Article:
LESTER: Deloitte Access Economics says that achieving a sustainable surplus for government is becoming a herculean task, given rising costs faced in a few very big cost areas. Are they right?

LEIGH: Balancing a budget is always tough Tim. You saw in the last budget for the first time, as I understand it in Australian history, a drop in real spending.* Now that was tough. We had to make hard decisions such as phasing out the baby bonus, tough decisions around getting rid of the dependent spouse tax offset, and changing the structure of fringe benefits tax. We got attacked by the Coalition on all of those things, but they allowed us together to reduce total spending without, I think, hurting the most disadvantaged. The Coalition now want a commission of audit which is going to be balancing the budget off the backs of the poorest, which is going to probably be recommending harsh cuts on social services following in from the Coalition's planned policy of ripping superannuation money away from three million of the lowest income earners in Australia. You don't have to do that if you keep the mining tax Tim. But they went to the election promising that Clive Palmer and Gina Rinehart would get a tax cut through the abolition of the mining tax and so they're putting mining billionaires ahead of battlers.

LESTER: You think that the audit will be that brutal?

LEIGH: Certainly the indication that we get from say, the Queensland Commission of Audit is that this is really a ‘commission of cuts’ hitting the most disadvantaged. If you want to boost productivity, then you want to look at why you would be paying millionaire families $75,000 to have a child and why you'd get rid of a mining tax that was the central recommendation of the Henry Tax Review. Good economic policy isn't three word slogans and populist politics, it is the hard work of listening to experts and implementing good reforms, and I just don't think the evidence is that you'll get that out of the commission of audit the Coalition's proposing.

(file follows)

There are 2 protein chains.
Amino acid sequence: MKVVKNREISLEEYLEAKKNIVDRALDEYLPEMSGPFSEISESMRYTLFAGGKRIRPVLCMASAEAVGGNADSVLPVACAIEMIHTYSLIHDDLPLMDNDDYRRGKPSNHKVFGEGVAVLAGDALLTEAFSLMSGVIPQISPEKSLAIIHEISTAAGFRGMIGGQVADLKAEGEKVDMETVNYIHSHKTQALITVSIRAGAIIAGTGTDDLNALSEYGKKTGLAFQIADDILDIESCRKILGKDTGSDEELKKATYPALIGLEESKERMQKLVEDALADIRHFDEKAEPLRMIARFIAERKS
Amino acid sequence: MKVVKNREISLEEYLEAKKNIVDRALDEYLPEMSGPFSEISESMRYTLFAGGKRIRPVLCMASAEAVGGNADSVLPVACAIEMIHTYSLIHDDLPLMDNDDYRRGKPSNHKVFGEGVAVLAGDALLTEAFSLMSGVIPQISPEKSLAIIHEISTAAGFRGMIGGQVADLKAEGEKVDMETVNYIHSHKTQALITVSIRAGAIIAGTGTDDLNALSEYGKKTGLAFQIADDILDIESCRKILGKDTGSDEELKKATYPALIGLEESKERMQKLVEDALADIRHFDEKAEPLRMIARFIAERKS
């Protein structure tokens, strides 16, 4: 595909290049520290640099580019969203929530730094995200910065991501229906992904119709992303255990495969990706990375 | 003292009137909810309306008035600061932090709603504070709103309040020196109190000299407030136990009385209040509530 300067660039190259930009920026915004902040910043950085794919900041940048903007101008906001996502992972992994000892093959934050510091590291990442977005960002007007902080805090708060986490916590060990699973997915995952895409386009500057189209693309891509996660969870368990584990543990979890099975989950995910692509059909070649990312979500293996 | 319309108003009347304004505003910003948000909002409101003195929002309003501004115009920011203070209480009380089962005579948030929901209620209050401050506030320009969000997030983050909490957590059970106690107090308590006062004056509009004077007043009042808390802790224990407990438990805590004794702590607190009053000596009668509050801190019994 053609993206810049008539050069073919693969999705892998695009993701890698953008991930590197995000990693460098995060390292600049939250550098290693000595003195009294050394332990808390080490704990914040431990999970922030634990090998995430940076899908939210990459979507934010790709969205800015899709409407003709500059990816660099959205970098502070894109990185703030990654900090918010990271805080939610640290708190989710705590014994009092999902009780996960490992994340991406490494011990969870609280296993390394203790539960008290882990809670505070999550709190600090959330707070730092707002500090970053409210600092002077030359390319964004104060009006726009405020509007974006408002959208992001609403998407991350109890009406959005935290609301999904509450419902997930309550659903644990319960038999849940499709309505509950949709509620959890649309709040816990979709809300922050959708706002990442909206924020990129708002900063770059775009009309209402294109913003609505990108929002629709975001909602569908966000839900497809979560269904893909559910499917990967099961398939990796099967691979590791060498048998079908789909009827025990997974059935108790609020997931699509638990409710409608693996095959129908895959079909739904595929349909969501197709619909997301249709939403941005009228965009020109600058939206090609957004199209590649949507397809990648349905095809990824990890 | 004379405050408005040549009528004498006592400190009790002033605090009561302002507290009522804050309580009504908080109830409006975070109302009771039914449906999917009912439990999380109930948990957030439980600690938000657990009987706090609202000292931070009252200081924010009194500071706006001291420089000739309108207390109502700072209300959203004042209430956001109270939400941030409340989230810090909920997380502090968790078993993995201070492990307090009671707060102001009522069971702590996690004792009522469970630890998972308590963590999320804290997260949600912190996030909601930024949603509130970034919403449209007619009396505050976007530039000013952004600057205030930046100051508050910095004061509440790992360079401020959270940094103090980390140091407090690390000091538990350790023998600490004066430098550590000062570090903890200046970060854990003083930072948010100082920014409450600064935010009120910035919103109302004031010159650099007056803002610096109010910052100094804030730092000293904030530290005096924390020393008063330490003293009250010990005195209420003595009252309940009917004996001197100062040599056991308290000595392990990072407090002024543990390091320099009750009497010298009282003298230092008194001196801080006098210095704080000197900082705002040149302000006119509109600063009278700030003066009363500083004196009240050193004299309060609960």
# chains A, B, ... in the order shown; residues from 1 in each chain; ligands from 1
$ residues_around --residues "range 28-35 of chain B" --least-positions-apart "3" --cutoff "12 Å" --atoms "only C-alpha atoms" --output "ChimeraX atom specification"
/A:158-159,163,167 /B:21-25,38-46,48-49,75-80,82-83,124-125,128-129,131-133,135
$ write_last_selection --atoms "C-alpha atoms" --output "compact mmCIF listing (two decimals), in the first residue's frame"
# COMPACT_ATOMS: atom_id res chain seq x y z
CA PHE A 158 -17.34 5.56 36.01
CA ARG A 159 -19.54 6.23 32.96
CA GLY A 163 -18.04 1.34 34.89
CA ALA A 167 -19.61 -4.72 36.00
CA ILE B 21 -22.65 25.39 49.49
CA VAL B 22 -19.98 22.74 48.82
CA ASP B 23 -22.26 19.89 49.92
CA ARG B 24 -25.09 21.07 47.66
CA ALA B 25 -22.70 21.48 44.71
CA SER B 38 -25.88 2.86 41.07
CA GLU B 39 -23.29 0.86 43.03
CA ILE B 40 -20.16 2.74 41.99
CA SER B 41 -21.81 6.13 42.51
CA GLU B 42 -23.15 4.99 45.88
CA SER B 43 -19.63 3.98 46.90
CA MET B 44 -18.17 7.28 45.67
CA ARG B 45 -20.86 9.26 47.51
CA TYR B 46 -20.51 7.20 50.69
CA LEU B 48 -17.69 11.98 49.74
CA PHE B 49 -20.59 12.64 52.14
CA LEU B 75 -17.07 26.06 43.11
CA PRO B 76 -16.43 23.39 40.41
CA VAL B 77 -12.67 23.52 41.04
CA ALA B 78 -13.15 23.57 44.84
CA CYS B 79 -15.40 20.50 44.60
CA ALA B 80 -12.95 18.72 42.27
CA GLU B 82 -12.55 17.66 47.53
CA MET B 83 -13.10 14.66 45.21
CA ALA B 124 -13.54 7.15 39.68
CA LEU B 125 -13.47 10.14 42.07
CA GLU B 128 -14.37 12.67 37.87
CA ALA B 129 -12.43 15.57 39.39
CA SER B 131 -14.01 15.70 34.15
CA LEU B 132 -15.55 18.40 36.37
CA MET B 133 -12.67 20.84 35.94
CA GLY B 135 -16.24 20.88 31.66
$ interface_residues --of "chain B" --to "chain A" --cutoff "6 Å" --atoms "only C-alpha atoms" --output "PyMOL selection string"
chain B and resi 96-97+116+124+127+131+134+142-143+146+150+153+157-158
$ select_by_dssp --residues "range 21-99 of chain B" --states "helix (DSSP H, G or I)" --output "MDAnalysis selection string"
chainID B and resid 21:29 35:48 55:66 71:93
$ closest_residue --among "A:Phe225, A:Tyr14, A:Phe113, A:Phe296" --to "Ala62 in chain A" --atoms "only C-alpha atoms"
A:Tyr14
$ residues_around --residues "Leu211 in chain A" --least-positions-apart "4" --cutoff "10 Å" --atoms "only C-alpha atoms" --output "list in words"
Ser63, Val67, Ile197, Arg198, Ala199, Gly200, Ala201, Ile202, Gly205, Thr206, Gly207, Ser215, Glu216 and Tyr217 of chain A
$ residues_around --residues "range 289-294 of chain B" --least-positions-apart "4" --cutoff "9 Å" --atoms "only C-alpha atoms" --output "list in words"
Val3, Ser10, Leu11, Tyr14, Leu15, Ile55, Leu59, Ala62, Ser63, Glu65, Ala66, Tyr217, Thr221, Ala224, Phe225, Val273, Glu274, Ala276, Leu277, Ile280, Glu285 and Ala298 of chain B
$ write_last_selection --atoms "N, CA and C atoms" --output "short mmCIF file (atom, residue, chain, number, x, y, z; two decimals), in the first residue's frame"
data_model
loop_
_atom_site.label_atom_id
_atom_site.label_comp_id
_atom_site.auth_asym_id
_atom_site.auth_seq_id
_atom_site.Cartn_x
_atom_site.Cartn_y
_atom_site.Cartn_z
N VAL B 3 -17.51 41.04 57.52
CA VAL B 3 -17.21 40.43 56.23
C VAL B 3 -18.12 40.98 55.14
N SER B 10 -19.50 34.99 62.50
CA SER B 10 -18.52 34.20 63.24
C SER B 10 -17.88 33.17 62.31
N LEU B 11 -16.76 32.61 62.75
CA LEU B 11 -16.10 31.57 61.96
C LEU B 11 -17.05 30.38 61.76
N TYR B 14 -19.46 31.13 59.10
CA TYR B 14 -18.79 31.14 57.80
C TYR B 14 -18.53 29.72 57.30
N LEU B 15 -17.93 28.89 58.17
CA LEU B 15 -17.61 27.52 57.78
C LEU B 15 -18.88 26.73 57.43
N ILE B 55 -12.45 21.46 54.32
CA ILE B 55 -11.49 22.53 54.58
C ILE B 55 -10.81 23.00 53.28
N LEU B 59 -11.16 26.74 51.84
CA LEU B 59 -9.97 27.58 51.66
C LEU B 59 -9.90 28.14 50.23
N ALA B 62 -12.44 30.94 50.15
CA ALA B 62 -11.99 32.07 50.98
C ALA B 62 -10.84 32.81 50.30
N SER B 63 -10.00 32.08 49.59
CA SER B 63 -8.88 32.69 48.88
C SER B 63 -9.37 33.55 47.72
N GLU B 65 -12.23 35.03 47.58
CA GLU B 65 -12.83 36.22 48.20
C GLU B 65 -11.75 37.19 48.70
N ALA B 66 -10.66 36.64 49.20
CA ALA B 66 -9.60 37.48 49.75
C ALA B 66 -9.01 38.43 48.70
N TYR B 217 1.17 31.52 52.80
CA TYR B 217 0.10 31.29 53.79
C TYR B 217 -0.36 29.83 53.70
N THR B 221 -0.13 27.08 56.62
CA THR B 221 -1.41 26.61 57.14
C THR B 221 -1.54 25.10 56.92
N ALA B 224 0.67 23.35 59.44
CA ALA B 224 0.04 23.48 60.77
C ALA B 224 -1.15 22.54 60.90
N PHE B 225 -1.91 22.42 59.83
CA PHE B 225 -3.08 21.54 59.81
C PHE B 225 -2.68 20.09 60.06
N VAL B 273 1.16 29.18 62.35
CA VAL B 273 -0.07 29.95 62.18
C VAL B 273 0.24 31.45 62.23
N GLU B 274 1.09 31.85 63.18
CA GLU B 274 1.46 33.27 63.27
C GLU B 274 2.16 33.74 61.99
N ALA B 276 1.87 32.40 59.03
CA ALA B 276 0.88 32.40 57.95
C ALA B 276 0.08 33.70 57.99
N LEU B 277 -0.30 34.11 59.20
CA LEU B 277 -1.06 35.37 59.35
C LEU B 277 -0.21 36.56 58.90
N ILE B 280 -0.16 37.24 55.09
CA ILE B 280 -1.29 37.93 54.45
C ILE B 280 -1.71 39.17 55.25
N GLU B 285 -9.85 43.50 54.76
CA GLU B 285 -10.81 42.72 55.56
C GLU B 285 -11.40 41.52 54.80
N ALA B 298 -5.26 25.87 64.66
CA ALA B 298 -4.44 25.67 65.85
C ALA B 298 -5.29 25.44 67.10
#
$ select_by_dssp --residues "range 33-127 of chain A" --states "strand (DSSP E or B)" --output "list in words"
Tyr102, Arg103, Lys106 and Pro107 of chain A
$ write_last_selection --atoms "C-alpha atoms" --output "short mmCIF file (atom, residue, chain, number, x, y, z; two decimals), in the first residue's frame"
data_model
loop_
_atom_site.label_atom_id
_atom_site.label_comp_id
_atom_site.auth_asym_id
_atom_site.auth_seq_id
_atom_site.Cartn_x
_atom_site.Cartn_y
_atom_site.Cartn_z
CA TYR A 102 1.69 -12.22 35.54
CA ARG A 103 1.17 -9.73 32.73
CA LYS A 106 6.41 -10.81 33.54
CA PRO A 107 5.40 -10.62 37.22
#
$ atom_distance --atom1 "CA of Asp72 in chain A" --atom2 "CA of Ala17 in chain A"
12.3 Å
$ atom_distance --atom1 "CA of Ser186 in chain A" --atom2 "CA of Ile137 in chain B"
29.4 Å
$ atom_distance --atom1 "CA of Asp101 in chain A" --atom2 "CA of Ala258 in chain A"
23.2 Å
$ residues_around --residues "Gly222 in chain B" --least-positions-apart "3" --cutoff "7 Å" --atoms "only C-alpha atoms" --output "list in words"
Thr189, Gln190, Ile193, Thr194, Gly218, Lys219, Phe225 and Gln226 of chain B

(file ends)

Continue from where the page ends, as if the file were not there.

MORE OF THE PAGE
LESTER: A large news survey suggests that 27% of Australians believe that government can almost always be trusted. That was 48% four years ago. There has been a remarkable drop in trust of our Federal Government if this survey is right. Why?

LEIGH: Trust in politicians is an issue I'm pretty passionate about Tim. I wrote a book in 2002 called The Prince's New Clothes - Why Australians Distrust their Politicians. I co-edited it with David Burchell.

LESTER: Seems they trusted us more than, than they do now.

LEIGH: It does, it does and look let's be clear, even then our publisher thought the problem was so bad that they put a picture of one dog sniffing another dog's backside on the cover. So if things are declining still, then that's a real concern. Frankly it's more of a concern for my side of politics than for the conservatives. Theirs is a party that can live with a distrust of politics because they don't believe that government has a powerful role to play in making a difference in the lives of Australians. I do. That's why it's a Labor government that brought in place DisabilityCare, a Labor government that's worked to transform Australian schools. So trust in politics is a Labor issue and it's one that I want to work to try and redress.

LESTER: It's also Labor's problem isn't it? Because that slump in trust from 2009 to 2013 has happened under a Labor government with Labor promises about the carbon price and other commitments, budget surplus, at issue. So Labor has to shoulder a fair bit of the blame doesn't it?

LEIGH: Well we had a minority parliament and we had the most negative opposition leader in Australian history, and an opposition leader who is relentlessly negative rather than focusing on ways of finding consensus and building a better Australia…

LESTER: So it’s Tony Abbott’s fault?

LEIGH: I think Mr Abbott does bear a fair degree of responsibility for it, and as an economist, let me give you some empirical evidence for that. Look at the consumer confidence numbers broken out by party. As soon as Mr Abbott becomes leader, confidence in the economy - which is surely not a partisan issue - starts to tank. The partisan gap that opens up under Mr Abbott is bigger than under any other opposition leader. So, he did a very good job of attacking government as a whole, but I think we now need to work on rebuilding. That's why I think Labor in opposition shouldn't follow the negativity playbook that Mr Abbott set down. We need to be an opposition of ideas, as well as holding the Government to account.

LESTER: Andrew Leigh, great to have you back at Breaking Politics. Thanks for coming in.

LEIGH: Thank you Tim.

* Andrew should have said ‘nominal spending’. In 2012-13, real government spending fell 3%, and nominal spending fell 1%.